Doris At The River, By Ishion Hutchinson

Enjoy another poem entitled "Doris At The River", by poet of the month, Ishion Hutchinson. It certainly has been a real pleasure featuring the work of this extremely talented Jamaican poet.

Doris At The River

There, on the pendent boughs her coronet weeds
Clambering to hang, an envious sliver broke.
                                           - Shakespeare, Hamlet

Her melody broke through a shell
over the town that August we found
her in the arms of native Ariel,
strands of hair and leaves in her mouth.

Who knew she lived in such troubled
branches, in the corners of daydreams,
singing the perfect epitaph:
All things that you possess, possess their death.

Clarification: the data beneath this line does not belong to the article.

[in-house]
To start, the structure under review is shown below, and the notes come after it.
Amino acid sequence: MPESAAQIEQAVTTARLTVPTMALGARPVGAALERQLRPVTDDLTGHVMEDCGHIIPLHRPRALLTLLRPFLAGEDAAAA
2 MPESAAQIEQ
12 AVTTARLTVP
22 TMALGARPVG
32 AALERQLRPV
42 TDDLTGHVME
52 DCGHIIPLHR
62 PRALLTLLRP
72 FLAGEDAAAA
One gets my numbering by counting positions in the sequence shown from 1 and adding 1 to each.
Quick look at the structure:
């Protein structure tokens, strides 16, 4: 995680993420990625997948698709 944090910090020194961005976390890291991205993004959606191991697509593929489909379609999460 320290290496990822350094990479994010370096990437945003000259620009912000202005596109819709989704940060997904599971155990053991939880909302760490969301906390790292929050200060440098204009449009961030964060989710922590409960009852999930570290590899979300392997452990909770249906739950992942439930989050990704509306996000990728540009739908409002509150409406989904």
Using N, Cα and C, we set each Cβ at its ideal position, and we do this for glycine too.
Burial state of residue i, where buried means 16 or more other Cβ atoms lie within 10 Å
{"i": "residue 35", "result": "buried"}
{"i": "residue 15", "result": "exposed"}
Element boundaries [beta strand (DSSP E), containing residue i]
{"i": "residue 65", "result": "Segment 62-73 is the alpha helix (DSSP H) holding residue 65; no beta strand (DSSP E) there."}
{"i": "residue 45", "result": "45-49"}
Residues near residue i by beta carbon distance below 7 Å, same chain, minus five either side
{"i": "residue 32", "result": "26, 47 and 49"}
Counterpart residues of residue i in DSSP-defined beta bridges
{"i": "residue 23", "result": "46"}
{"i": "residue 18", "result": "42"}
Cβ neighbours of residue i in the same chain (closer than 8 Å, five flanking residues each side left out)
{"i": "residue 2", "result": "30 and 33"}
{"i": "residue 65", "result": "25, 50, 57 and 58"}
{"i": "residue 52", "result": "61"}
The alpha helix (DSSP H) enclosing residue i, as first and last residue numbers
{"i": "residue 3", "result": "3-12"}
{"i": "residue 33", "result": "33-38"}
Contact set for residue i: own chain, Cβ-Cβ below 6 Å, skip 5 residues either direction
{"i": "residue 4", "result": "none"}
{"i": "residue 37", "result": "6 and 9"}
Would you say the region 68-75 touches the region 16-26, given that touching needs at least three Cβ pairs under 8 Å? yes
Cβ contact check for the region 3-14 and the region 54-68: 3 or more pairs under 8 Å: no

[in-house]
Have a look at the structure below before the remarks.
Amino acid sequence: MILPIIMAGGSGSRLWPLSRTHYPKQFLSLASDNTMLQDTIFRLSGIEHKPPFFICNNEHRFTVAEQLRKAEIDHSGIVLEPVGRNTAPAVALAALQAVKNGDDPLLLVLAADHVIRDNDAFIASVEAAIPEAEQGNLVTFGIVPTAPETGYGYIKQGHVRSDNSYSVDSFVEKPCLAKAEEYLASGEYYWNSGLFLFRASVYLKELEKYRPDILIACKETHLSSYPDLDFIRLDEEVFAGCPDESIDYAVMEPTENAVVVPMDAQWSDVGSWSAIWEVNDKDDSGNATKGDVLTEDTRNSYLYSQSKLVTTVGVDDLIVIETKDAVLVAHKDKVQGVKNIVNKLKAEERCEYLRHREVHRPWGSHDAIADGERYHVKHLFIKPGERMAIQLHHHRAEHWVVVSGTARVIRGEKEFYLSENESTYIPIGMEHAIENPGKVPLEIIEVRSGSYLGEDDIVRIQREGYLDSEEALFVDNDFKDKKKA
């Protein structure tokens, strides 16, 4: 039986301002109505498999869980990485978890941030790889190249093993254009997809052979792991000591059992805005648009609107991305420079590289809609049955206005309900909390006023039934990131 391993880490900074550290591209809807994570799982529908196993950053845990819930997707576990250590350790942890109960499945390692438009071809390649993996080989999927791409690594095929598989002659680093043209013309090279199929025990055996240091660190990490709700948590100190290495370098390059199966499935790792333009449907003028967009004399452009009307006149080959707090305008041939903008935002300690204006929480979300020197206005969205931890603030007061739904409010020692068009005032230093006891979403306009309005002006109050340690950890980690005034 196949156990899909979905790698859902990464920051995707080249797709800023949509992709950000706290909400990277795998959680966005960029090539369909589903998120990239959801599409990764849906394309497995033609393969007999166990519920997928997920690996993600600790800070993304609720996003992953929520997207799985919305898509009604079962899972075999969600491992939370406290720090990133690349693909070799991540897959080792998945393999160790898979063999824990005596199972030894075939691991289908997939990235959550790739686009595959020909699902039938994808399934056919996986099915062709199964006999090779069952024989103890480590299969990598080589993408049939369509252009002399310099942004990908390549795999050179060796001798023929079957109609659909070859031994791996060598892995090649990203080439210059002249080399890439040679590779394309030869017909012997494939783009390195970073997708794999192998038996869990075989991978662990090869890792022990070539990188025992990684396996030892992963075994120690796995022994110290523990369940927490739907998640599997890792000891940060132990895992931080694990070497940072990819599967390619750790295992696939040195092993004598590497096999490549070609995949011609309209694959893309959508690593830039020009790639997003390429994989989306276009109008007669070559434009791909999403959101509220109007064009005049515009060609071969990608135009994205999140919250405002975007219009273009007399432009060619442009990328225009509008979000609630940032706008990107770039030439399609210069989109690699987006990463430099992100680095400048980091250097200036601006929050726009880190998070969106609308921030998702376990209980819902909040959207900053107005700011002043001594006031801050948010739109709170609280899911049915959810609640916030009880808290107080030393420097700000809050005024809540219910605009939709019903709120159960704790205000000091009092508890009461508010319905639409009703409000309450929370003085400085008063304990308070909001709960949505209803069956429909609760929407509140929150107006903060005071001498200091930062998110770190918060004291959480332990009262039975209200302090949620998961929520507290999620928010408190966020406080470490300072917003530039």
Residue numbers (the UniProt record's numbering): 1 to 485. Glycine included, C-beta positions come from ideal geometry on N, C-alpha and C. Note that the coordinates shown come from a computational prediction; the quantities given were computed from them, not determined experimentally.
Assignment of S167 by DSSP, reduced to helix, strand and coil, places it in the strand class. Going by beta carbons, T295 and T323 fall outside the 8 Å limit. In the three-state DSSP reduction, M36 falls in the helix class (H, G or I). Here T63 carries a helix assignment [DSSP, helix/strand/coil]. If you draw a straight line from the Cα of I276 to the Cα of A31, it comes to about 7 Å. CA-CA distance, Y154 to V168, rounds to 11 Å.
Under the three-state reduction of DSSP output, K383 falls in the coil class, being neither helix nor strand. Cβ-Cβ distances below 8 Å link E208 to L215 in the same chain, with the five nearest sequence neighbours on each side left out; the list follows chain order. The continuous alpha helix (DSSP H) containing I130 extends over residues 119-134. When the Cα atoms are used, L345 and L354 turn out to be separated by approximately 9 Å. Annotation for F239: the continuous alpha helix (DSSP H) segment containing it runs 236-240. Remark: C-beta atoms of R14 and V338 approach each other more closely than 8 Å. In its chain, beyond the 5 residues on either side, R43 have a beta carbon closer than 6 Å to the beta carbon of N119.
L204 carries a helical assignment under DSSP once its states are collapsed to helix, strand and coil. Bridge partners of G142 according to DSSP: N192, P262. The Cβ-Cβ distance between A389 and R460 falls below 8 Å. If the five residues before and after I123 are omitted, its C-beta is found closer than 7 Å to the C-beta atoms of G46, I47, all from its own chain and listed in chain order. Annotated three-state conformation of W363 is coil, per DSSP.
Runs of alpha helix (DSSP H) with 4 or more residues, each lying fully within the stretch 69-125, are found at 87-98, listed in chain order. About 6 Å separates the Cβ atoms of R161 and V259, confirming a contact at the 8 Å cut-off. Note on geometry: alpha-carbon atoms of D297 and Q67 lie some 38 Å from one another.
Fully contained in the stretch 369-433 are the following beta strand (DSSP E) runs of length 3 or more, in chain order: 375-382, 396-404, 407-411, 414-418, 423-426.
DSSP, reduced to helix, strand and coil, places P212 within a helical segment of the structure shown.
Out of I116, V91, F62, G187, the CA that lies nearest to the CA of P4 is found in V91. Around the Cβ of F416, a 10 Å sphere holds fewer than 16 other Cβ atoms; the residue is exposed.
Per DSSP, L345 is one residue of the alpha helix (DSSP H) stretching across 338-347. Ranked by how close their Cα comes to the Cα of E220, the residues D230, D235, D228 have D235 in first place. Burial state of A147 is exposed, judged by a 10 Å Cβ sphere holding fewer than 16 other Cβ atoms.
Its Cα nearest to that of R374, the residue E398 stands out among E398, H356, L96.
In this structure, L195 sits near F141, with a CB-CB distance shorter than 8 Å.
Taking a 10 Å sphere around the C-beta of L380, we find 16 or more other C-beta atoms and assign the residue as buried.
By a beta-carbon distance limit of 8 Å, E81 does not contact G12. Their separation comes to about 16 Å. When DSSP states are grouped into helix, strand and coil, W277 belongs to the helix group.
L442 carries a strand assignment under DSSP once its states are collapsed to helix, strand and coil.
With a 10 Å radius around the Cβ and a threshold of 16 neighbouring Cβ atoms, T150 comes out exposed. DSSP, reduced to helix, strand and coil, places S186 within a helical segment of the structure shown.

The river streaked into a brown mirror,
the tail of her slime-green dress brushed
fallen woods of decay as we pulled her out.
Her hands were clasped on her chest.

This was the work of devotion,
not art - the silver of love, cracked.
Ants draped her eyelids, indifferent
to the sun and us staring down.

Copyright Ishion Hutchinson 2010. Far District. Peepal Tree Press Ltd. Leeds, UK.

Reprinted with author's permission.

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